After the clock on the post showed 12 minutes had passed, Mayu raised her face to the elephant and nodded.
    “Right. This time I will take revenge on that Evil Clear Spirit.”
    Mayu’s voice sounded firmer than ever before.
    This “Clear Spirit” was likely to be someone from Mayu’s family, maybe her mother. A hated evil spirit that sometimes came to take everyone away. This was sure to be Mayu’s mother clearing away her things. I didn’t know if the fire had been the mother’s doing, but if I let Mayu go home in this state, she might injure her mother as part of this “revenge”.
    “Please wait. Before you go, take this.”
    Heading over to the computer next to the little elephant, I called up the Baroque file I had prepared for Mayu and showed it to her.
    [My eyes are the lenses of a video camera. The images I capture are stored in a place managed by an old man who faces left. Inside my eyes, the futures of these images are erased and they become a part of history. There in the past, they can continue to sleep happily ever after. It is my job to lay them to rest. The old man who protects these secrets of the past, occasionally illuminating them for display, is my grandfather…]
    “Then, they’re in here?”
    Mayu parted her bangs. Her Baroque left eye watched the elephant, but the right eye which had appeared from under her hair looked straight at me.
    “Correct. Even the snowmen on the gloves you lost when you were seven and the girls on the candy wrapper that burned today. You can see them again any time you want.”
    “And if the Evil Spirit comes?”
    “I’m sure the old man will drive her away.”
    “... that’s right…”
    “Are you sure you want this Baroque?”
    “Uh-huh. Thank you.”
    Ruby came in just as Mayu left. She also reeked of smoke. Come to think of it, hadn’t it looked like she was going after Mayu the last time she left…?
    “It wasn’t me! The one who did it was some arsonist Baroque kid who was nearby… maybe.”
    “Why did you go after Mayu?”
    “Because I had time to spare and it would’ve been boring if that kid was eaten by a Grotesque before I got to see the Baroque you gave her.”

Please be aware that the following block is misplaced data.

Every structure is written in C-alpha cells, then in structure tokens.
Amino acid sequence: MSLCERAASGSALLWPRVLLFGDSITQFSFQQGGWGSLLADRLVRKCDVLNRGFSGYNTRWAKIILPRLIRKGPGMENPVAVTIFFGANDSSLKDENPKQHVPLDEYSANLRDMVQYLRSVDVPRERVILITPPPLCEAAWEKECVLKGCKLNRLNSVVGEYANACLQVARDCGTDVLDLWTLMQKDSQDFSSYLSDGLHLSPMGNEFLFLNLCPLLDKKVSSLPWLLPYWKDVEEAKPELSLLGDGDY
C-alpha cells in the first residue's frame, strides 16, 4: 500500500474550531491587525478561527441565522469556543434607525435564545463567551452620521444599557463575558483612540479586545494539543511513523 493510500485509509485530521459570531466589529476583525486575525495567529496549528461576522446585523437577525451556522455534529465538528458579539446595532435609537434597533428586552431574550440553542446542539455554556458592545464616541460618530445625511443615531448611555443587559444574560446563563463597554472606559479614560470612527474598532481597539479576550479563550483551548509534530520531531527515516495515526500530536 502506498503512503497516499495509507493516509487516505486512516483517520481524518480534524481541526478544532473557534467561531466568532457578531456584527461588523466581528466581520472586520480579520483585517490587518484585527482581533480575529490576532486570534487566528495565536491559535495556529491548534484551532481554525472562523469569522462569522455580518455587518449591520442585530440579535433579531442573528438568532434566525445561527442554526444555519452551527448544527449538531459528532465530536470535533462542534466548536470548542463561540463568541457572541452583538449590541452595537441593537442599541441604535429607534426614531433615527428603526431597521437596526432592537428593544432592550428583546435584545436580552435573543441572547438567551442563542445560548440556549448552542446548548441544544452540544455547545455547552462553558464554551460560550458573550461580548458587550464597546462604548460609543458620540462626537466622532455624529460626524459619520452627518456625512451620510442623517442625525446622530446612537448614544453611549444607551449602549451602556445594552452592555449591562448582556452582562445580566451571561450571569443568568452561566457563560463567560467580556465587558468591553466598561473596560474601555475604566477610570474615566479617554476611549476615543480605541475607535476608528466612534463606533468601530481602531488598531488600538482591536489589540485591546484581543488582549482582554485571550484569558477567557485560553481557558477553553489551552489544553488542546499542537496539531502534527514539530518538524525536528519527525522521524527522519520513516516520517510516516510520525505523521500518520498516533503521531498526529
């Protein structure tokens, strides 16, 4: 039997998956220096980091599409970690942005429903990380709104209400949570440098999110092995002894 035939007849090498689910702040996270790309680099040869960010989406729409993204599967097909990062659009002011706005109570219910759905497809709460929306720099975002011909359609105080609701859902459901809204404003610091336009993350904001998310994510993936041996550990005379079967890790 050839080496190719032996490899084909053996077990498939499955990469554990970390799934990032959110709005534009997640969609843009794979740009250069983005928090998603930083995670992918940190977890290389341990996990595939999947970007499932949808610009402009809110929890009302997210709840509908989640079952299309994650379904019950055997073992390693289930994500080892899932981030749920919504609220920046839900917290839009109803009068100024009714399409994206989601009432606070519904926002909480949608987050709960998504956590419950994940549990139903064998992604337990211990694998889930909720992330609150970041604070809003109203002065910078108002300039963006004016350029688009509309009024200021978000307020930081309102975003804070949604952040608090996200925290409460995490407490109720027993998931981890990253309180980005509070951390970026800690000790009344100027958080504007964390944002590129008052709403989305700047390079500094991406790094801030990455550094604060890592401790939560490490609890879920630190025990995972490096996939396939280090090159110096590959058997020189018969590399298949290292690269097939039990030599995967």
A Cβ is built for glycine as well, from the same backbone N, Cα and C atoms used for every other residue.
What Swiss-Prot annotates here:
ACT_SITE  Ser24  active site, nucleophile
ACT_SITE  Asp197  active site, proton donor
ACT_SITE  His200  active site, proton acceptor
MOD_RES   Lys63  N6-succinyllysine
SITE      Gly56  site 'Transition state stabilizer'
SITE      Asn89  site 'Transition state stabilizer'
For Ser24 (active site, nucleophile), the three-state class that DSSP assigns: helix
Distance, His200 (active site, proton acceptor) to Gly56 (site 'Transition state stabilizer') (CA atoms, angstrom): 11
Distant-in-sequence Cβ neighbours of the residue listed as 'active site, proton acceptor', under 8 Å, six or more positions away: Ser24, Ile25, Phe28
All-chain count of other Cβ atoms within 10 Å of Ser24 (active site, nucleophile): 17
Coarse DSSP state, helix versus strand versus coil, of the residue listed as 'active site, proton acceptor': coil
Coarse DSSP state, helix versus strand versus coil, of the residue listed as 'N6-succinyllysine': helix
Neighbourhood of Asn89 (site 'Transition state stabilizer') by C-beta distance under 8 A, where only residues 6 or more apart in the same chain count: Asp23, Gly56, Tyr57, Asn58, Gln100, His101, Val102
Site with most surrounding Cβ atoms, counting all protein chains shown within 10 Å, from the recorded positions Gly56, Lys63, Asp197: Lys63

“So you decided to be a bodyguard. And then Mayu’s precious things went up in flames, and you just stood around without a care in the world?”
    “But it doesn’t matter if reality burns as long as she has the Baroque you gave her.”
    “That’s easy for you to say now.”
    It certainly wasn’t love that drove Mayu to never throw away the things she hoarded. She was simply afraid that what she threw away would be sad or resent her. Yes, just as she herself hated the Evil Clear Spirit.
    But if Mayu’s new mission was to record the minds of objects and store them away in her delusions, then she would be released from that fear.
    “No more little elephant then?”
    “It’s yours if you want it.”
    “I’ll take it. To be honest, I’m a sucker for fairy tales.”
    Another four days passed, and a woman claiming to be Mayu’s mother stopped by with a cake.
    “Thank you so much. That kid finally got rid of her mountain of trash for me.”
    I ate a slice and found it to be surprisingly good. I hid it right away because I absolutely didn’t want Ruby to have any. But before I had the chance to sneak a second slice, Mayu died. Instead of a suicide note, she left behind a videotape.
    If I ate any more cake without watching the video, I’d be siding with the Evil Clear Spirit. I put the video into the VCR. Maybe it was just my dusty old player, but the picture was swimming with glowing specks.
    On the screen was a close-up of Mayu.
    “I’m moving in with my grandpa.”